Your challenge (fly as Red2, Holmes famous TM-B Hurri) in this mission is to repeat Holmes attack and bring down a Dornier without firing your guns! Remember to set air-air collisions=on in your options. Will you live to drink a pint with the fire brigade afterwards, as Holmes did?Mission 7 – Ernest McNab – Fog of War
Canadian Ernie “Pee Wee” McNab scored the first Canadian air victory of World War 2 while attached to 1 Sq RAF. When 1 Sq (Canadian) was officially formed in June 1940, McNab took the reins. The squadron first entered the fray on August 24 1940.
1C Squadron scrambled 12 fighters, led by McNab, to patrol at 10,000 feet. Having earlier observed a combat in progress, they spotted three Ju88s approaching below. McNab led the attack.
After the engagement the jubilant Canadians claimed to have destroyed one Junkers 88 and “probably destroyed” a second. Canadian newspapers quickly trumpeted the success:
London, Aug. 25 (CP Cable reporter Harold Fair) Roaring into action together as a unit for the first time the first Royal Canadian Air Force fighter squadron to reach England proved itself Saturday by downing two German bombers.
A brief Air Ministry news service bulletin said: "The first Royal Canadian fighter squadron to reach England went into action yesterday for the first time. Flying their Canadian-built Hurricanes, the pilots yesterday afternoon shot down two Dornier bombers."
No further details were given out for the moment.
There was just one problem...Mission 8 – Carl Davis – Letter to Mrs Davis
The RAF in 1940 was bolstered by pilots from at least 14 other nations, among them several Americans. One of these was US Ace Carl Raymond Davis, DFC, a US RAF volunteer, who died 6 September 1940 with 9 victories.
The British Battle of Britain monument lists 9 US airmen who served in the RAF, either as US citizens, or claiming to be Canadian. Davis received his DFC after shooting down two Ju88s, a Bf109 and a Stuka in the space of three days.
A witness to his death wrote a moving letter to his wife, “Dear Mrs Davis, I hope you will not mind receiving this letter from a stranger, one who saw the air battle in which your husband gave his life on Friday morning last...”Mission 9 – Adolph Galland – Galland vs Allen
Adolph Galland is possibly the most famous of the Luftwaffe Aces, finishing the war with 104 victories from 705 sorties. An entire mission package could be built around just this one flyer. This mission recreates one of the many sorties where Ace clashed with Ace and only one flyer survived.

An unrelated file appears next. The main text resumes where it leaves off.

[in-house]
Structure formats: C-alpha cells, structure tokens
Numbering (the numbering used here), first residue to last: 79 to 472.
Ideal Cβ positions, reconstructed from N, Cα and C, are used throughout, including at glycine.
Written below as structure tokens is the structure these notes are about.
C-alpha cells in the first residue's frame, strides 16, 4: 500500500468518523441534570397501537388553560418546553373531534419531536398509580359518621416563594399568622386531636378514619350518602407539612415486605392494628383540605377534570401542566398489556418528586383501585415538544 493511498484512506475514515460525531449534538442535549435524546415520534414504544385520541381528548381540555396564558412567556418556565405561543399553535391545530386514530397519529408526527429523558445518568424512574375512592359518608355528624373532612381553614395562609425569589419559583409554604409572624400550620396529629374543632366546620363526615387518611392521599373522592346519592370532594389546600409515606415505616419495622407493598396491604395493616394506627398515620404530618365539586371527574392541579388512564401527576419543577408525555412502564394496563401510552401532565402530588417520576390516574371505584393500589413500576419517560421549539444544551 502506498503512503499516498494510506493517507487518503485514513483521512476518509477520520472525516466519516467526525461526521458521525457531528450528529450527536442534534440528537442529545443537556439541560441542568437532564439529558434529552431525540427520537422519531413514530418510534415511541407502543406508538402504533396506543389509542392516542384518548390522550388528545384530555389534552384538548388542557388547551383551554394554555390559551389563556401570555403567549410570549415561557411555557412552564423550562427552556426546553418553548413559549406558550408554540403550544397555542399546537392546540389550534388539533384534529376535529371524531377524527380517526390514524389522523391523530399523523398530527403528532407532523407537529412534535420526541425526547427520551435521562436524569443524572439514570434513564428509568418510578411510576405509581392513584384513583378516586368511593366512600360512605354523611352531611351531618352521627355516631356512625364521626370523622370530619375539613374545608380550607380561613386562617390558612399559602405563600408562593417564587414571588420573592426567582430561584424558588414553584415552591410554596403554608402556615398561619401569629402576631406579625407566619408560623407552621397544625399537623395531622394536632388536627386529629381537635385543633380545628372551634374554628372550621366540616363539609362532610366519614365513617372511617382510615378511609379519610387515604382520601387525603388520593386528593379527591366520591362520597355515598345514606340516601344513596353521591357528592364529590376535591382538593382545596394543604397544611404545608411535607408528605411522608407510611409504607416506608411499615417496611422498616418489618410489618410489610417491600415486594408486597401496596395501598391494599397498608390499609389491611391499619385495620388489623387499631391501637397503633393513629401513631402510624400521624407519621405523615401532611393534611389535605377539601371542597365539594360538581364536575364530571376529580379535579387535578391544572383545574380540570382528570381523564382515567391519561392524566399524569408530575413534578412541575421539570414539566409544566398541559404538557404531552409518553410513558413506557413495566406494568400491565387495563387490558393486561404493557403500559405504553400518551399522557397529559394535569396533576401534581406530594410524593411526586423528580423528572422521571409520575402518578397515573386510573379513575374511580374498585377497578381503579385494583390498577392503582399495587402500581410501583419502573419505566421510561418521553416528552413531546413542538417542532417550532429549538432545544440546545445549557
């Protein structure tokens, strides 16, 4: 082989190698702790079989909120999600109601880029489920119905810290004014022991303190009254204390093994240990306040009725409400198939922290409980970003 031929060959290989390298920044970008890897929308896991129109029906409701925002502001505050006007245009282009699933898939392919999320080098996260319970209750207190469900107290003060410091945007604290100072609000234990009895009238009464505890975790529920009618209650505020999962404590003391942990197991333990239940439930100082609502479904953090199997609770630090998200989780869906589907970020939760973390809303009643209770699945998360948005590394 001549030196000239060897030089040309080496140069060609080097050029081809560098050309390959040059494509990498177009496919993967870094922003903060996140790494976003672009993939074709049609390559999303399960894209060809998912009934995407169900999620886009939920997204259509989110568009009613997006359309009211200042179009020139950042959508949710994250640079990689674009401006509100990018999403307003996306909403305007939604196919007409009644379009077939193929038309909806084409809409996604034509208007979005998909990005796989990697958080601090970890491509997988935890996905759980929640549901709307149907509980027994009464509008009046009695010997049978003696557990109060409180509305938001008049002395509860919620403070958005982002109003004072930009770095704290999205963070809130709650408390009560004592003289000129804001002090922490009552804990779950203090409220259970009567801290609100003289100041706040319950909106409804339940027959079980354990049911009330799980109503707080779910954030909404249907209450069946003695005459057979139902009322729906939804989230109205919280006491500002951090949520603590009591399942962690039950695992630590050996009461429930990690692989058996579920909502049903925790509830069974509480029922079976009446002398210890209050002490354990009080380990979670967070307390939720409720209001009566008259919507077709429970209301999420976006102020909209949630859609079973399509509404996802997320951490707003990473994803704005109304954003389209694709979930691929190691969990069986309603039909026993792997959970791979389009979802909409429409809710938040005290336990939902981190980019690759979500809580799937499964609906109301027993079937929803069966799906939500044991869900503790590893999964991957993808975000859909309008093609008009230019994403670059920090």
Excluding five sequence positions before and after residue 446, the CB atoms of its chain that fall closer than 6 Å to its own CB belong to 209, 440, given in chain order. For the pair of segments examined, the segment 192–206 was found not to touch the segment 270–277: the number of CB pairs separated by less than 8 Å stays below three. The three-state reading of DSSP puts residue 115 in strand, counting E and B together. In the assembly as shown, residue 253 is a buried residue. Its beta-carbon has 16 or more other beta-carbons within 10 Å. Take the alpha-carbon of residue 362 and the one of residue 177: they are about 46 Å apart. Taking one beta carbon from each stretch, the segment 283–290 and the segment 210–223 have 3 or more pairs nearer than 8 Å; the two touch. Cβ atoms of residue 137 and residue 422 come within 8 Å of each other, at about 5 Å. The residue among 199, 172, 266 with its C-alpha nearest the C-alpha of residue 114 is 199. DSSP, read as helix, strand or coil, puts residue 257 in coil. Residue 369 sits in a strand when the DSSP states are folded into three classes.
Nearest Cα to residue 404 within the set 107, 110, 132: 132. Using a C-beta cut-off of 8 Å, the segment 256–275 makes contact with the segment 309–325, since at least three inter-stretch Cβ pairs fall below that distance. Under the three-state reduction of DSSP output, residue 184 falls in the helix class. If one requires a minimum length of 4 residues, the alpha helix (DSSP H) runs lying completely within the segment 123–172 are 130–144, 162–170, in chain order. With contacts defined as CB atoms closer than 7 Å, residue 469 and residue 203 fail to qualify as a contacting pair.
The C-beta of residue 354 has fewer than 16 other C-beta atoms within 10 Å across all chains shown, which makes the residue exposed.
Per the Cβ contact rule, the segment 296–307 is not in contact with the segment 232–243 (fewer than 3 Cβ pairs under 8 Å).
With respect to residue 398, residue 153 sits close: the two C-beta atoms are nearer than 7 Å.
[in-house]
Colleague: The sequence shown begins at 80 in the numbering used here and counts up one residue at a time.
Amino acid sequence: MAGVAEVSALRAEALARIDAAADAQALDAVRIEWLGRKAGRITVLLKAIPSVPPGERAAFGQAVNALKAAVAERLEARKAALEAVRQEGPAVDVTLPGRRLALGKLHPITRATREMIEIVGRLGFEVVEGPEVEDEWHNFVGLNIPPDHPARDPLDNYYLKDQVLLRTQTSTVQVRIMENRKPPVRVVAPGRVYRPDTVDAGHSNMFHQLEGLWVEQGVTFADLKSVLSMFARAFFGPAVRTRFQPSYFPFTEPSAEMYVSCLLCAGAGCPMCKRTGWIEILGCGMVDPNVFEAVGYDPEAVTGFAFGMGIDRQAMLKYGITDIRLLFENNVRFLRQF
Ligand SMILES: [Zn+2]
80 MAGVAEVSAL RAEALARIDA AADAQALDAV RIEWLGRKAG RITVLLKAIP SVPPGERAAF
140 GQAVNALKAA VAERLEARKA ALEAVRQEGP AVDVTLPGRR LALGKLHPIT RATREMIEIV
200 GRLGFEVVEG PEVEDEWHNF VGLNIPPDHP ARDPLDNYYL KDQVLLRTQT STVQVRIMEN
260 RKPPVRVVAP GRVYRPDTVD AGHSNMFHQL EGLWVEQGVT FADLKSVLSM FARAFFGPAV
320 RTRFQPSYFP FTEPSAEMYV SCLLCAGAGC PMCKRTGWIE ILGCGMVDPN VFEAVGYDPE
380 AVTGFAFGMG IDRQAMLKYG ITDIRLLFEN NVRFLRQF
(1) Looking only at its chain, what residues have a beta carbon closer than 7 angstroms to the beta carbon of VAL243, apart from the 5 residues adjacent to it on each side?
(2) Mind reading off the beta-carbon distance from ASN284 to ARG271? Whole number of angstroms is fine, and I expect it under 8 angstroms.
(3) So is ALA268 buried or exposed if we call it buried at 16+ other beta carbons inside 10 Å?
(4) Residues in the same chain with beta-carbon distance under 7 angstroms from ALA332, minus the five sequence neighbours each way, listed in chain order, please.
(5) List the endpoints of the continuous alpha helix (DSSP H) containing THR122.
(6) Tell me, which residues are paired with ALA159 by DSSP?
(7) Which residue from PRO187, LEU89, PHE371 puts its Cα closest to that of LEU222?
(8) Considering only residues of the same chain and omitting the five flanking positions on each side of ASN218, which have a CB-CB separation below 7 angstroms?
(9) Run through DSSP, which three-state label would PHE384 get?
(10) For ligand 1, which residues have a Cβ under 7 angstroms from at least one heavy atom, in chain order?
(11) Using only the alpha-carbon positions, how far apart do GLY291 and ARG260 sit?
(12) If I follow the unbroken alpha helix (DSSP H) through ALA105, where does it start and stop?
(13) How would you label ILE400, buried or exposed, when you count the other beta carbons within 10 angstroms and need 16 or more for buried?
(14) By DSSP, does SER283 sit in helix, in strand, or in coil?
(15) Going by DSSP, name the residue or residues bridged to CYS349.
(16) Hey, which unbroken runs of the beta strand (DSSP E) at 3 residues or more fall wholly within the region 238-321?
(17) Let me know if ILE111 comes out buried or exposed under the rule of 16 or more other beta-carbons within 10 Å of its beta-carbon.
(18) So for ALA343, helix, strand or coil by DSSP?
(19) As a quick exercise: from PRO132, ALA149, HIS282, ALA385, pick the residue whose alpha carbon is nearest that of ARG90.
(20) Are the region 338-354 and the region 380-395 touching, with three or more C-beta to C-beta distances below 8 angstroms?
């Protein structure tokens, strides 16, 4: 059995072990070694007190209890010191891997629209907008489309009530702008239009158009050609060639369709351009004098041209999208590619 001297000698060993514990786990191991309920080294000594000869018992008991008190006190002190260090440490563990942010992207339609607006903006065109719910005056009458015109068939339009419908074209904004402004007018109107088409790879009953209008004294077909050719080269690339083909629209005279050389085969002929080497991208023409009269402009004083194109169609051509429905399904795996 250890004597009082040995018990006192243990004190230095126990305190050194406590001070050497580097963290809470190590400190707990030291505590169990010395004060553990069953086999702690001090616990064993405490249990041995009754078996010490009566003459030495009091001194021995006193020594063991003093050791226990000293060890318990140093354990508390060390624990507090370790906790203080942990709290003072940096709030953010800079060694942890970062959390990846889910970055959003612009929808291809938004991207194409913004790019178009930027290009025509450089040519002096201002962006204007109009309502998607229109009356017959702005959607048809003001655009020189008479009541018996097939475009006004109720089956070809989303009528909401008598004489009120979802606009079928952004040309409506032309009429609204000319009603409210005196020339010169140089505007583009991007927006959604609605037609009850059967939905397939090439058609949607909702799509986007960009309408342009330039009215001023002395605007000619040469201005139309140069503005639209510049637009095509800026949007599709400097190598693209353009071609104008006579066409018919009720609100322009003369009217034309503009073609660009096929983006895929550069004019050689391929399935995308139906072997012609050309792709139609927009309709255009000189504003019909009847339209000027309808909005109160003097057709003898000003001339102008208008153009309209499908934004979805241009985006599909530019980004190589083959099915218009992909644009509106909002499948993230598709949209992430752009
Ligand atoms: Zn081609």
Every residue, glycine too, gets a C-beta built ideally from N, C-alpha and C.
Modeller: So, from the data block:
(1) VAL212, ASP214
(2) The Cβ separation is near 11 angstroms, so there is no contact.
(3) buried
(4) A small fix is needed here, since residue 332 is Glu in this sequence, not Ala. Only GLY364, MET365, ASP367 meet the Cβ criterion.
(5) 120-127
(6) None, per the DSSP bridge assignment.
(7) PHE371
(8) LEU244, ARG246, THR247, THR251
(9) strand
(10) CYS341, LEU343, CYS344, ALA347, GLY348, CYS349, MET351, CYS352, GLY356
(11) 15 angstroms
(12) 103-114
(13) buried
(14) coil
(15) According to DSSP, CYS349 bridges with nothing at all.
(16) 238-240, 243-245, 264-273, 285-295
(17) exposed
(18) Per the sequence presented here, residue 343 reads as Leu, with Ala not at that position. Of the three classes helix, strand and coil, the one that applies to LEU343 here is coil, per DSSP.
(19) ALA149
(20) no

On 24 July 1940, Galland led III./JG 26 over the north coast of the Thames Estuary. Here they engaged Spitfires and Galland was able to shoot one down to the north of Margate.
He had shot down the British ace P/O “Johnny” Allen of 56 Sqn, who at the time had 7 confirmed and 5 Mission 10 – Erich Groth – Hammerhead
Groth, in his famous 'Sharkmouth' Zerstorer, was the top scoring Bf110 ace, with 12 BoB victories - no mean feat in a machine outclassed by both the Hurricane and Spitfire.
Groth used the 'Hammerhead' turn in the Bf110 to great effect - diving away then zooming up until at the top of his climb he would stall and kick the rudder to turn the pursuit into a head to head game of chicken, letting him bring his 4xMG17 and 2x20mm cannons to bear on his unsuspecting 'attacker'.
This mission recreates August 15 1940. A black day for Groth's ZG 76/II unit, which lost no fewer than 8 aircraft in one fighter sweep. Losses like these resulted eventually in the Bf110 requiring its own escorts, and it was eventually dropped from the air to air role altogether, except as a night fighter.Mission 11 – Eduard Tratt – Erpro 210’s opening blow
When he died in 1944 Tratt was the leading Bf110 ace with 38 victories, 10 of them achieved during the Battle of Britain as part of the elite Erpro 210 experimental bombing unit.
In one of the opening blows of the Battle of Britain Erpro 210 attacked the British RDF system on August 12.
The attacks put Dunkirk, Pevensey, Dover and Rye stations off the air but were judged by the
Luftwaffe to be a failure as they were apparently back on air again later the same day. Len Deighton in 'Fighter' notes the attacks were more effective than Luftwaffe intelligence had judged though, with two of the stations effectively crippled having been put back on the air with false signals to fool the Germans.Mission 12 - Helmut Wick – Big Day Out
Helmut Wick became the leading Luftwaffe Ace of the Battle of Britain, and stayed in the lead until his
death in November 1940. He emerged from the Battle of France with 12 kills, took over JG2/1 (7) in Jagdgeschwader 2 'Richthofen', and finished the BoB with 42 kills. The mission represented in this pack technically falls outside the dates of the Battle, but is too impressive to ignore.
October 5 1940: In the aftermath of the Battle, Wick flew an afternoon patrol near Bournemouth andencountered Hurricanes from 607 Sq. He personally accounted for three. Returning to France to refuel and rearm, he patrolled the area of the Isle of Wight at sunset and ran into Spitfires of 238 Sq, downing two and bringing his total for the day to 5 RAF aircraft! The feat earned him oak leaves for his Knights Cross